Clocking a 1000Kms in a city is way different than clocking even a 400Kms in a high altitude region like Ladakh. Especially passes like the Khardung or the Rohtang can be quite an adventure- the kind, you wouldn’t want to indulge in! The roads of Leh and Ladakh are basically ascends and descends of mountains. Every road is a steep and sudden curve, that one cannot forsee.

Do not overdrive
Do not overdrive on the Ladakh terrain: Image Credit: wn.com

My Tip: It’s best to leave the experienced drivers behind the wheel to do the job, while you can grab on to your camera and enjoy the beautiful sights outside. Too much adventure, can just ruin your trip.

5. I Can Take Care Of My Baby On The Trip So I Will Take Him

 It’s unlikely for a parent to think of a trip without their new born or toddler. After all, life is about spending all those special holiday memories with your children right? But hey, hold on that thought when you are planning a trip to Ladakh. Babies can find it rather difficult to adjust to the climate than adults. It is hard for children to understand the difference of altitude and hence they tend to exert themselves just as they would when in the plains. It would be a task for a parent to look after the child or enjoy the trip in a carefree manner; also the roads of Ladakh are harsh and rocky; taking a child along would only mean loud crying or vomiting during your journeys.

Not advisable to take your baby
Not advisable to take your baby along: Image Credit: Thebump

My Tip: It really depends from person to person to take a child along. Also, after what age. However, it is much advisable to plan a Ladakh trip before you plan a baby! Or if you already have a child, you may have to take extra bags of woollens, specific food and of course, caution!

6. I Can Drink Alcohol, Because What’s A Cold Region Trip Without Some Whiskey

 You may be a pro at those bottoms up competitions amongst your group of friends and definitely wouldn’t like to tarnish that drinking image when you are in Ladakh. But please know that Ladakh is a dessert, more so, a highly elevated dessert. There is lack of oxygen in the region and water retention is one of the most common symptoms amongst people traveling to or within Ladakh. It is highly advised to keep yourself hydrated at all times. So drinking, which causes further water retention and fatigue in the body is a complete NO-NO!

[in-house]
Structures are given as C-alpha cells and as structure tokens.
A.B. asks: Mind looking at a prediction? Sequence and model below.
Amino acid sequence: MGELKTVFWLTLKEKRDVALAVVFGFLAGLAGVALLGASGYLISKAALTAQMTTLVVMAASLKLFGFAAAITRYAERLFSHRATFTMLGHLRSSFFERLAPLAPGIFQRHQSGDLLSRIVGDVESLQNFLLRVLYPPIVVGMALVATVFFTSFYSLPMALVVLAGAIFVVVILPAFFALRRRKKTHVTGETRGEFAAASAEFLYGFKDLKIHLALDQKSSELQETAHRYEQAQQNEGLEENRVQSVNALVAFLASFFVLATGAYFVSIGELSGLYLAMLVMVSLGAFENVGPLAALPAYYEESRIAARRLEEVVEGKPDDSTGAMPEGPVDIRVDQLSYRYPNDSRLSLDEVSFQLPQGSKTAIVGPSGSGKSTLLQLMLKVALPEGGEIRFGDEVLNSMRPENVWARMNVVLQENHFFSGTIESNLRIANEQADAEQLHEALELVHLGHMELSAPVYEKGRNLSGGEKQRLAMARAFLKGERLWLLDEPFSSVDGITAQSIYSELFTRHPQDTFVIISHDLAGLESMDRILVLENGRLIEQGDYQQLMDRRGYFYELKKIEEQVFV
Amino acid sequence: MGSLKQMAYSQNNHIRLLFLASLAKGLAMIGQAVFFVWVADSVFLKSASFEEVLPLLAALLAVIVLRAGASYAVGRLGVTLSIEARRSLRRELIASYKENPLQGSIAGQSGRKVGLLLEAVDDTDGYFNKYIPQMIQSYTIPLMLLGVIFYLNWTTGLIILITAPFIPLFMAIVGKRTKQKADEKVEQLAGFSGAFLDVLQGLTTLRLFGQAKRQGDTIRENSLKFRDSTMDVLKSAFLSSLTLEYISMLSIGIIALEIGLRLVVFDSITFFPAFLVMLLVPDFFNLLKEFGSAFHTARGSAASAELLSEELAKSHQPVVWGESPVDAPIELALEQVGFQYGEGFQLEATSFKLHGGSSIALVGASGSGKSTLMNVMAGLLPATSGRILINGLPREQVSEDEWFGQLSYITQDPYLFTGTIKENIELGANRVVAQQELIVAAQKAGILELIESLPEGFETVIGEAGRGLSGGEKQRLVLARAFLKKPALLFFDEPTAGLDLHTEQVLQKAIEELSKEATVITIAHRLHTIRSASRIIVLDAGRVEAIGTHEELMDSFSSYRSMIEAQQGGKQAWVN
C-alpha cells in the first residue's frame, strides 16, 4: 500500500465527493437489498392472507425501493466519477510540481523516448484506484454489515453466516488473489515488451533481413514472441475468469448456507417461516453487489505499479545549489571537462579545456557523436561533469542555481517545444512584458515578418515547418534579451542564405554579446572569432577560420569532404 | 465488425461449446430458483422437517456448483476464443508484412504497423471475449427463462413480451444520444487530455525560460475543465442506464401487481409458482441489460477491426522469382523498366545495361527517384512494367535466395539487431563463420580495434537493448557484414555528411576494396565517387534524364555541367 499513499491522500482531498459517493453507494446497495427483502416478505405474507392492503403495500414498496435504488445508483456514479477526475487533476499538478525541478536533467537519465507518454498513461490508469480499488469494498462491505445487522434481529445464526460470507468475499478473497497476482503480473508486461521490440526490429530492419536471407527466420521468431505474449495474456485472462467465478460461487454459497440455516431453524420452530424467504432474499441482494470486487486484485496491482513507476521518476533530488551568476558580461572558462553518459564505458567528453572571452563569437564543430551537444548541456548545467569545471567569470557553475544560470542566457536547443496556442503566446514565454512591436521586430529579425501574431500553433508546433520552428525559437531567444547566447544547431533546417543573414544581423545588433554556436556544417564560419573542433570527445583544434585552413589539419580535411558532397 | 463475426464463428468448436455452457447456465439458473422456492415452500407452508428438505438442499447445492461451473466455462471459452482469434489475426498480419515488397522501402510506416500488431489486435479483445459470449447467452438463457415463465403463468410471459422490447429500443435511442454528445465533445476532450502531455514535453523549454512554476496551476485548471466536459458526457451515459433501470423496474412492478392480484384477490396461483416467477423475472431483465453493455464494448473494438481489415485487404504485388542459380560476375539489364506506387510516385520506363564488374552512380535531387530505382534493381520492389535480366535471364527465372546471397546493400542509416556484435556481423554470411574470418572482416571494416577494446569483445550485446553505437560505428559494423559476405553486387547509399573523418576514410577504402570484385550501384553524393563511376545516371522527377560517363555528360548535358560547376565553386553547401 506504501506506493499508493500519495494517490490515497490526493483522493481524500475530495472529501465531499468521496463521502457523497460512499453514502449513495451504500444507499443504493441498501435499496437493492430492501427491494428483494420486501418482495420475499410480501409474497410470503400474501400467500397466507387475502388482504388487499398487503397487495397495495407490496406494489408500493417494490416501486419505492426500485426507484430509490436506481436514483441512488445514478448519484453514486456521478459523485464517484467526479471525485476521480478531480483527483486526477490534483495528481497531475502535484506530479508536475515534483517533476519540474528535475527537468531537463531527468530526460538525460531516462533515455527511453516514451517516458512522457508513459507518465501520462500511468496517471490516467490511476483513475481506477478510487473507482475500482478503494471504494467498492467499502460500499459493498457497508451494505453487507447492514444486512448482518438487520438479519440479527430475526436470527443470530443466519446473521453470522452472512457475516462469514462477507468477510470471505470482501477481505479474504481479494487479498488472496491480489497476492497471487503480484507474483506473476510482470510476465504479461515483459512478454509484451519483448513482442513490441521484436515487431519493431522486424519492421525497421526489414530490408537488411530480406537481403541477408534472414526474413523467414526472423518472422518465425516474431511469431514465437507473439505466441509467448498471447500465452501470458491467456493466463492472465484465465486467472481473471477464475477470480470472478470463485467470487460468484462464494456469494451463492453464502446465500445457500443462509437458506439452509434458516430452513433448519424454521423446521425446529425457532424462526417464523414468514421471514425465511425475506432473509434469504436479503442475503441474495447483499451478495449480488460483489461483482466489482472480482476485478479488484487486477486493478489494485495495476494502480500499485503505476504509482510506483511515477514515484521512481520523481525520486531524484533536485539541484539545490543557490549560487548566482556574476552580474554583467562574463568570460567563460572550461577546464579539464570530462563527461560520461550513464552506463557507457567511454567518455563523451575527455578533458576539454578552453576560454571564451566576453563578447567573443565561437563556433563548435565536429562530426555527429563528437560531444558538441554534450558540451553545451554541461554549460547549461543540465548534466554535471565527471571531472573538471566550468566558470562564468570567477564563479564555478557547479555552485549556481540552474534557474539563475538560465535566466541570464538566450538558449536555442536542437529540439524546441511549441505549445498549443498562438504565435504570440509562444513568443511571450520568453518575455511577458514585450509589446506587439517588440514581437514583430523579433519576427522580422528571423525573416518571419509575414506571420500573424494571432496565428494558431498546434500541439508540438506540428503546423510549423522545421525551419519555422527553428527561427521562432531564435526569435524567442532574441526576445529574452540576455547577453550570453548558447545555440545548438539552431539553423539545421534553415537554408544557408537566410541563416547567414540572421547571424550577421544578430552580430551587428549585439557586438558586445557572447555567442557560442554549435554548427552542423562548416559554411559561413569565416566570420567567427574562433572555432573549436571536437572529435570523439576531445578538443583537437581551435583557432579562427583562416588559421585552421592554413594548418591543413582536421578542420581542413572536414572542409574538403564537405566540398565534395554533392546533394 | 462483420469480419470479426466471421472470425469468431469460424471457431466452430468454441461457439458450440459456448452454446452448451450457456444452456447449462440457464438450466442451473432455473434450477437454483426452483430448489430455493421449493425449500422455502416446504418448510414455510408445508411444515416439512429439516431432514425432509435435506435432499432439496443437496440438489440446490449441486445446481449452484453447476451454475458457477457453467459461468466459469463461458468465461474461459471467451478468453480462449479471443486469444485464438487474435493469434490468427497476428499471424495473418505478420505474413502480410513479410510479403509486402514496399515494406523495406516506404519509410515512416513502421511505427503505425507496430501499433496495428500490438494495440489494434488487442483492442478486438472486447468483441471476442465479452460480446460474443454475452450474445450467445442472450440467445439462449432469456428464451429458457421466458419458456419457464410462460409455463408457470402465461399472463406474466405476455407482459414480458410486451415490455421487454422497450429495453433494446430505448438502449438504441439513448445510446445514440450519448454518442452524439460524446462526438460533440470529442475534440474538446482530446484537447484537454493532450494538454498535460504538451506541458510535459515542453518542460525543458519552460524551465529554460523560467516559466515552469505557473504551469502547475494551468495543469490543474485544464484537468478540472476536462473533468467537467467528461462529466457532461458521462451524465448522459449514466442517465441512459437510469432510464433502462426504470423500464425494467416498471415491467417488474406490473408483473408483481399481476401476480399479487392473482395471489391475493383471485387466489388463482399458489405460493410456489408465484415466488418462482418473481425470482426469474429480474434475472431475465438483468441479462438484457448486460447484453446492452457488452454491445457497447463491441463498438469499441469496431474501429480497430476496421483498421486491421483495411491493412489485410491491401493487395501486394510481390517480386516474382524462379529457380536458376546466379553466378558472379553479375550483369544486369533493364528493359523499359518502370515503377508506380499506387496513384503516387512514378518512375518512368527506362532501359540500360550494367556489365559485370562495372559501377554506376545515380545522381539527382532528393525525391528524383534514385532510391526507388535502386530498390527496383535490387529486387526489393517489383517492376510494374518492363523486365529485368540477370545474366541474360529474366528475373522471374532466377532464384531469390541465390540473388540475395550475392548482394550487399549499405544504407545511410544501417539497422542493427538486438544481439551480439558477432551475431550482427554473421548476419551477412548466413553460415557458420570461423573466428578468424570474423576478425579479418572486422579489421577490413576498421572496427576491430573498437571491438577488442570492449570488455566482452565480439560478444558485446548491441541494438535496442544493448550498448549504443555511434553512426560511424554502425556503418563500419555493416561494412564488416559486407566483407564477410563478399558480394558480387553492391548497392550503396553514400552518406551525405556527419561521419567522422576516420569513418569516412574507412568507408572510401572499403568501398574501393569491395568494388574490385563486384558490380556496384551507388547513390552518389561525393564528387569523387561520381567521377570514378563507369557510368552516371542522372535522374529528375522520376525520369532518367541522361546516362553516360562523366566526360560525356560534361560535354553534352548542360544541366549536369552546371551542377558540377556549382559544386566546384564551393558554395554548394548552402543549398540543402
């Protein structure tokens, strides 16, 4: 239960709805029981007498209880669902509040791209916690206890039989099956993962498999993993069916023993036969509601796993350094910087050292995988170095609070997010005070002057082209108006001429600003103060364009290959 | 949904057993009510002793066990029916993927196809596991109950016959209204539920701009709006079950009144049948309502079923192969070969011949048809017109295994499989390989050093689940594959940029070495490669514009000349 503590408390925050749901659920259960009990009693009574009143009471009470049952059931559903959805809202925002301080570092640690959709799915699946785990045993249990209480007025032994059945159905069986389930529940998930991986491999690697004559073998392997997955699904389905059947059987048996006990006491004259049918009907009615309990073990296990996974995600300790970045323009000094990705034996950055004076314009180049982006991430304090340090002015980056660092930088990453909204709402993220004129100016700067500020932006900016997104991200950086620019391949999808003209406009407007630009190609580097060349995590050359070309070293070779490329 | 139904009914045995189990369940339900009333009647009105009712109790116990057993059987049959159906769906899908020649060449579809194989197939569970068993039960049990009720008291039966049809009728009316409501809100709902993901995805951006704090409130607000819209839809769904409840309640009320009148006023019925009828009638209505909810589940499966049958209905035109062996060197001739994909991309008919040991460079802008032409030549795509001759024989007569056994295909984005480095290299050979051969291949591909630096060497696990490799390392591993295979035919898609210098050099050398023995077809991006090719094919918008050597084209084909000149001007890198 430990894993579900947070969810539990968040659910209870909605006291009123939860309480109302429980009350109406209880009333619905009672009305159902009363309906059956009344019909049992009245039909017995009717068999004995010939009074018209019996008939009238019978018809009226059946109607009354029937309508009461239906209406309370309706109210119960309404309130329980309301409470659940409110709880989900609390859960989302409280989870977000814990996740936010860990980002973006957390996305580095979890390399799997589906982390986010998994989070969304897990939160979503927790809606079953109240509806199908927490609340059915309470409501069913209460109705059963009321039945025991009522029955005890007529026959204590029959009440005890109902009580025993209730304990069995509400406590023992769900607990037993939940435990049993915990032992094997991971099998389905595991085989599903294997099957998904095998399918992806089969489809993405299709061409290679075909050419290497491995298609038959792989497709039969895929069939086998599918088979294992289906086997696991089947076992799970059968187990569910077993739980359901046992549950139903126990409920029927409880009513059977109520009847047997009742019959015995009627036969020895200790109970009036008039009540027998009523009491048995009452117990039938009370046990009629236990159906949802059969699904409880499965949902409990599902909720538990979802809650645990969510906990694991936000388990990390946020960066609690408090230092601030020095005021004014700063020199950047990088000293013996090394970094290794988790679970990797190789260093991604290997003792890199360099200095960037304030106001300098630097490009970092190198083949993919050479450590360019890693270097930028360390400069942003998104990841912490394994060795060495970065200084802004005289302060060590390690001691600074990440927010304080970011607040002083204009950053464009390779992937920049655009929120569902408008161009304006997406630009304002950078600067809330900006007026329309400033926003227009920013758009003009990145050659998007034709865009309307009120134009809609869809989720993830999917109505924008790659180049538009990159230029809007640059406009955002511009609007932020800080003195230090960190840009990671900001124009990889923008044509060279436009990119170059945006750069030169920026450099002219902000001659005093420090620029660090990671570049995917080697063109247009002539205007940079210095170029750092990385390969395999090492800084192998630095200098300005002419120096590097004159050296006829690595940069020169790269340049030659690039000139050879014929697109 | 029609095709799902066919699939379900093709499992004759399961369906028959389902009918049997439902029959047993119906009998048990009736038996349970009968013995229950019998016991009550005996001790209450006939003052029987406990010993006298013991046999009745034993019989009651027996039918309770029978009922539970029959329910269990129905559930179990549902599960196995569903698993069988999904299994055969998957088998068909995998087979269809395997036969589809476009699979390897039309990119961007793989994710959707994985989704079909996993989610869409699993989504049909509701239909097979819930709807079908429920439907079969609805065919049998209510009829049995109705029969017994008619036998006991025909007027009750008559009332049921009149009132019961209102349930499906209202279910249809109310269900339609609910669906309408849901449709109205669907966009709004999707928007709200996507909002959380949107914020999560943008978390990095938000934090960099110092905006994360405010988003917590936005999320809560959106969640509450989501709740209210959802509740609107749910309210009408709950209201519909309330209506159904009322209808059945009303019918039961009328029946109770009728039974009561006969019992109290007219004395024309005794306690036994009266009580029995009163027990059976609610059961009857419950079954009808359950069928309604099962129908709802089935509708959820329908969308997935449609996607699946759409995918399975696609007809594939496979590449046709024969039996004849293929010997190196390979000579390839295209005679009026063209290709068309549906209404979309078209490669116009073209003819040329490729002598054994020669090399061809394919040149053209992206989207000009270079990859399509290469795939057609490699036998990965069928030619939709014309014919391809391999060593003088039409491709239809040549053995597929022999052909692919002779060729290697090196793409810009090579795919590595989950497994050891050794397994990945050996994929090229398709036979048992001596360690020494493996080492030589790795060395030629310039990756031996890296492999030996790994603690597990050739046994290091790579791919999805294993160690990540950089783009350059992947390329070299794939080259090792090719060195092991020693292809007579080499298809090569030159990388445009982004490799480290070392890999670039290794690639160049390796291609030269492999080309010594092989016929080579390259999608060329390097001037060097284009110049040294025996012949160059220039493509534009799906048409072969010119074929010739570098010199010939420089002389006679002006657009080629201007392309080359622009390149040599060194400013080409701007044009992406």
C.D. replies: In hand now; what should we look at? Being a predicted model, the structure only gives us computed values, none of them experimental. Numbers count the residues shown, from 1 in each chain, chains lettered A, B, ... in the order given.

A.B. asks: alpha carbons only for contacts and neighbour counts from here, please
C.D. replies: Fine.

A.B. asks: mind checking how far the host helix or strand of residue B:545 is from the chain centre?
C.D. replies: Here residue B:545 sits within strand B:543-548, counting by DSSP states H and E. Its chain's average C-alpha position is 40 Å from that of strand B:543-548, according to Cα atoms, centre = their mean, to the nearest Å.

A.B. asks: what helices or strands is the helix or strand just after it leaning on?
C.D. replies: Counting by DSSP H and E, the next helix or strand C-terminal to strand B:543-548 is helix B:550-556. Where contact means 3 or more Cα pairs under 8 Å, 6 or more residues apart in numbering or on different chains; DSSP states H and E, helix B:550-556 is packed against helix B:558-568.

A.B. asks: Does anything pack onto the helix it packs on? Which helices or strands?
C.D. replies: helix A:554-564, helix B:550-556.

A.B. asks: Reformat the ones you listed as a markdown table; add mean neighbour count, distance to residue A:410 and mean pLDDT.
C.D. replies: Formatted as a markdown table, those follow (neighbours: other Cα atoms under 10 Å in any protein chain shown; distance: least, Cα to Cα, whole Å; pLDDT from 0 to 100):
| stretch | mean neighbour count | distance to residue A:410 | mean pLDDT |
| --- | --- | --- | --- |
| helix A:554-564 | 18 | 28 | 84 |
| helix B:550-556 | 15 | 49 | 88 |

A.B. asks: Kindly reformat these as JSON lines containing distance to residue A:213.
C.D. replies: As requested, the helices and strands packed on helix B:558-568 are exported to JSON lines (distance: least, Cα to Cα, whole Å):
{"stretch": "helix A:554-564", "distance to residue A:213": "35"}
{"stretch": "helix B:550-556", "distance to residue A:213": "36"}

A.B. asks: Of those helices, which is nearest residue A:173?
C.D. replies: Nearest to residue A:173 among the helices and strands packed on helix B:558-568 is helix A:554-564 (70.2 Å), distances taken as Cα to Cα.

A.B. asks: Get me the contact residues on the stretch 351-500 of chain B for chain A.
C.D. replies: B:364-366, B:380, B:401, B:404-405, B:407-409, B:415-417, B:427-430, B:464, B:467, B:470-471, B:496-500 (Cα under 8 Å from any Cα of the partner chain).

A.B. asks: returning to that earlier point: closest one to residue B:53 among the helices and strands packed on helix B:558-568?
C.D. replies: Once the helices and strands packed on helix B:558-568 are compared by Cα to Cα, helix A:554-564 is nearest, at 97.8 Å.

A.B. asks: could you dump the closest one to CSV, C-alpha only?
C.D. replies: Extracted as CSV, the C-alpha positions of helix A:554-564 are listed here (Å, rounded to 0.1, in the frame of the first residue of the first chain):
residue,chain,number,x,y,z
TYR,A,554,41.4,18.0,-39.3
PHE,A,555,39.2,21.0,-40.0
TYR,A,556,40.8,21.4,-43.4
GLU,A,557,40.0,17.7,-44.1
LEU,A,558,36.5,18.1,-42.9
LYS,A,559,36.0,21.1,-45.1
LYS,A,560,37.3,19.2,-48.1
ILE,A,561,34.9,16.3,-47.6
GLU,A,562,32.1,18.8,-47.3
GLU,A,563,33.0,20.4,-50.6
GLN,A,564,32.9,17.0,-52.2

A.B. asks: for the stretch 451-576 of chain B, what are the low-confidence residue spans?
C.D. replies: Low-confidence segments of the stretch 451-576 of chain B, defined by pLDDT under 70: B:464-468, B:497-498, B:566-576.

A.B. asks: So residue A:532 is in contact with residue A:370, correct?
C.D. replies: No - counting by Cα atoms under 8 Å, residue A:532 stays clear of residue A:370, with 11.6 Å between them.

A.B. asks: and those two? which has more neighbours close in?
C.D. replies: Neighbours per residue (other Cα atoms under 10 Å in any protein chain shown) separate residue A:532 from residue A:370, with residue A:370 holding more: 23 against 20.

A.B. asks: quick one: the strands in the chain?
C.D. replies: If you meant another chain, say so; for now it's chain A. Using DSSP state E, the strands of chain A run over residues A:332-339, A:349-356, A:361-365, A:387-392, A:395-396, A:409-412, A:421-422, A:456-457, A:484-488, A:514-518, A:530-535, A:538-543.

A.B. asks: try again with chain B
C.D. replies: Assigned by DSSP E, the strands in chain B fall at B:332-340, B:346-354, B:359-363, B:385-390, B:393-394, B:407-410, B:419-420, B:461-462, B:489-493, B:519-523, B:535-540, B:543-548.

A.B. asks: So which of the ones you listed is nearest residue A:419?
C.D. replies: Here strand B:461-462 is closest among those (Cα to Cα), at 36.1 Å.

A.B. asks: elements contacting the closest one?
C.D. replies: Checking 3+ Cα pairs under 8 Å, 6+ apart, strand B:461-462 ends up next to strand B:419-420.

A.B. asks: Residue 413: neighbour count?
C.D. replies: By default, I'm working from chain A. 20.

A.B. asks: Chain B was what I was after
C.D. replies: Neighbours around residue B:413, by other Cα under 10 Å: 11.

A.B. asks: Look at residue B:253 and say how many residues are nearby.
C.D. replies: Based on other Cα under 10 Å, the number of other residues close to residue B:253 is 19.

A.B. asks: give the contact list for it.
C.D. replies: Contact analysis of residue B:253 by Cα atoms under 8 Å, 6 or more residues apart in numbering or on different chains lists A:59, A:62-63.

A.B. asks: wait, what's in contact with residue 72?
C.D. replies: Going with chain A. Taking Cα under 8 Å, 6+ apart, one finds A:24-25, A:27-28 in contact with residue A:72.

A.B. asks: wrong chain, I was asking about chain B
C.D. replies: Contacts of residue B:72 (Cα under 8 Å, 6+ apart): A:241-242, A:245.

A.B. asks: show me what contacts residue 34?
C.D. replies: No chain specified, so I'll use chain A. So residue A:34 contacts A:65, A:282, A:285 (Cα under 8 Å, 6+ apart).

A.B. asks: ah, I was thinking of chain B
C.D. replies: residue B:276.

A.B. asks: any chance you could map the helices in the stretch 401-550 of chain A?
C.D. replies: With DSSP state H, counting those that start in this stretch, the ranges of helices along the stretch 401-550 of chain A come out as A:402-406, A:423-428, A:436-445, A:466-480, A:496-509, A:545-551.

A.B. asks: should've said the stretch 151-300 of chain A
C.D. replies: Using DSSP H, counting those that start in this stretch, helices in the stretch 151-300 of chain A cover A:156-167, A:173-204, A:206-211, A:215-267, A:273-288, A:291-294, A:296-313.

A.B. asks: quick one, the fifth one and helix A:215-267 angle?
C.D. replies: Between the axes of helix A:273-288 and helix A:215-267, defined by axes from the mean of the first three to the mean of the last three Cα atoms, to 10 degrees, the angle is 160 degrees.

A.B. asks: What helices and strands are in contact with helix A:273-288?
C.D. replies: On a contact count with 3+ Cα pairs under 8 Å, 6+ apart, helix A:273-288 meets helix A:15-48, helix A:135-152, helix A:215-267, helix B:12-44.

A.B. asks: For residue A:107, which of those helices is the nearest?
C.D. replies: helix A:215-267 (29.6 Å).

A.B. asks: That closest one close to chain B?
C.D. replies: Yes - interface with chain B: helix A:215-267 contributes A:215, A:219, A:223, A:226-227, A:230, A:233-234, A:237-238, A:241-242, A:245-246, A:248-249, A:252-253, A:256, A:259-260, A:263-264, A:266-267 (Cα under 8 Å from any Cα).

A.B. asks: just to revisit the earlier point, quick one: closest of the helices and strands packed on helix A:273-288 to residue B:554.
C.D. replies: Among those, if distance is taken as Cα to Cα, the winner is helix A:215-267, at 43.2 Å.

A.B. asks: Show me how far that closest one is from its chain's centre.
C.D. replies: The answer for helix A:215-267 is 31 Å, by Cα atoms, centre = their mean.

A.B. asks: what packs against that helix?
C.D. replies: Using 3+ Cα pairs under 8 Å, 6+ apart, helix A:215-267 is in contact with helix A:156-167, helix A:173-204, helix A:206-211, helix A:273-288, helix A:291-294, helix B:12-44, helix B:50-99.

Avoid drinking
Avoid drinking when traveling to Ladakh: Image Credit: DailyMail

My Tip: One shot whiskey or Rum in case of extreme chills should not be an issue. I had to do that too, in order to warm myself up a bit, but really, just ONE shot. Also, keep drinking a lot of other liquids such as juices, lemon tea or plain water.

Also read: Why Get Leh’d in Winters?

7. I Can Pose Shirtless At Khardungla Or Dive Like Anushka Sharma In Pangong

Yes we are all fascinated by that introductory scene of Anushka Sharma, where she dives into the Pangong Tso with bare minimum. But as much as we adored the sequence, we know it was a movie, and there are umpteen cautions taken before one performs such a scene. (Just to let you know, I found out that was her body-double!) But coming to the point, do not risk yourself by trying to shed off a layer or two or even more of your clothing, because no matter what weather, it’s going to affect your skin badly. I was layered constantly, however I returned back 5 shades darker than my original self! And trust me, it’s hard to get off a cold-tan!

Avoid being over-daring
Avoid being over-daring in the high passes or the cold lakes: Image Credit: Bollywoodkarnama

My Tip: Carry extra woollens and extra pair of gloves and socks along, because even on days when the mornings are sunny, the nights get terribly cold.

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Author

Jinal Inamdar narrowly escaped a tragedy when the Journalism world tried to hammer her brain down to the size of a peanut, but she ducked at the right moment and escaped, inexplicably untouched. She enjoys walking you through her travel diaries and food trails.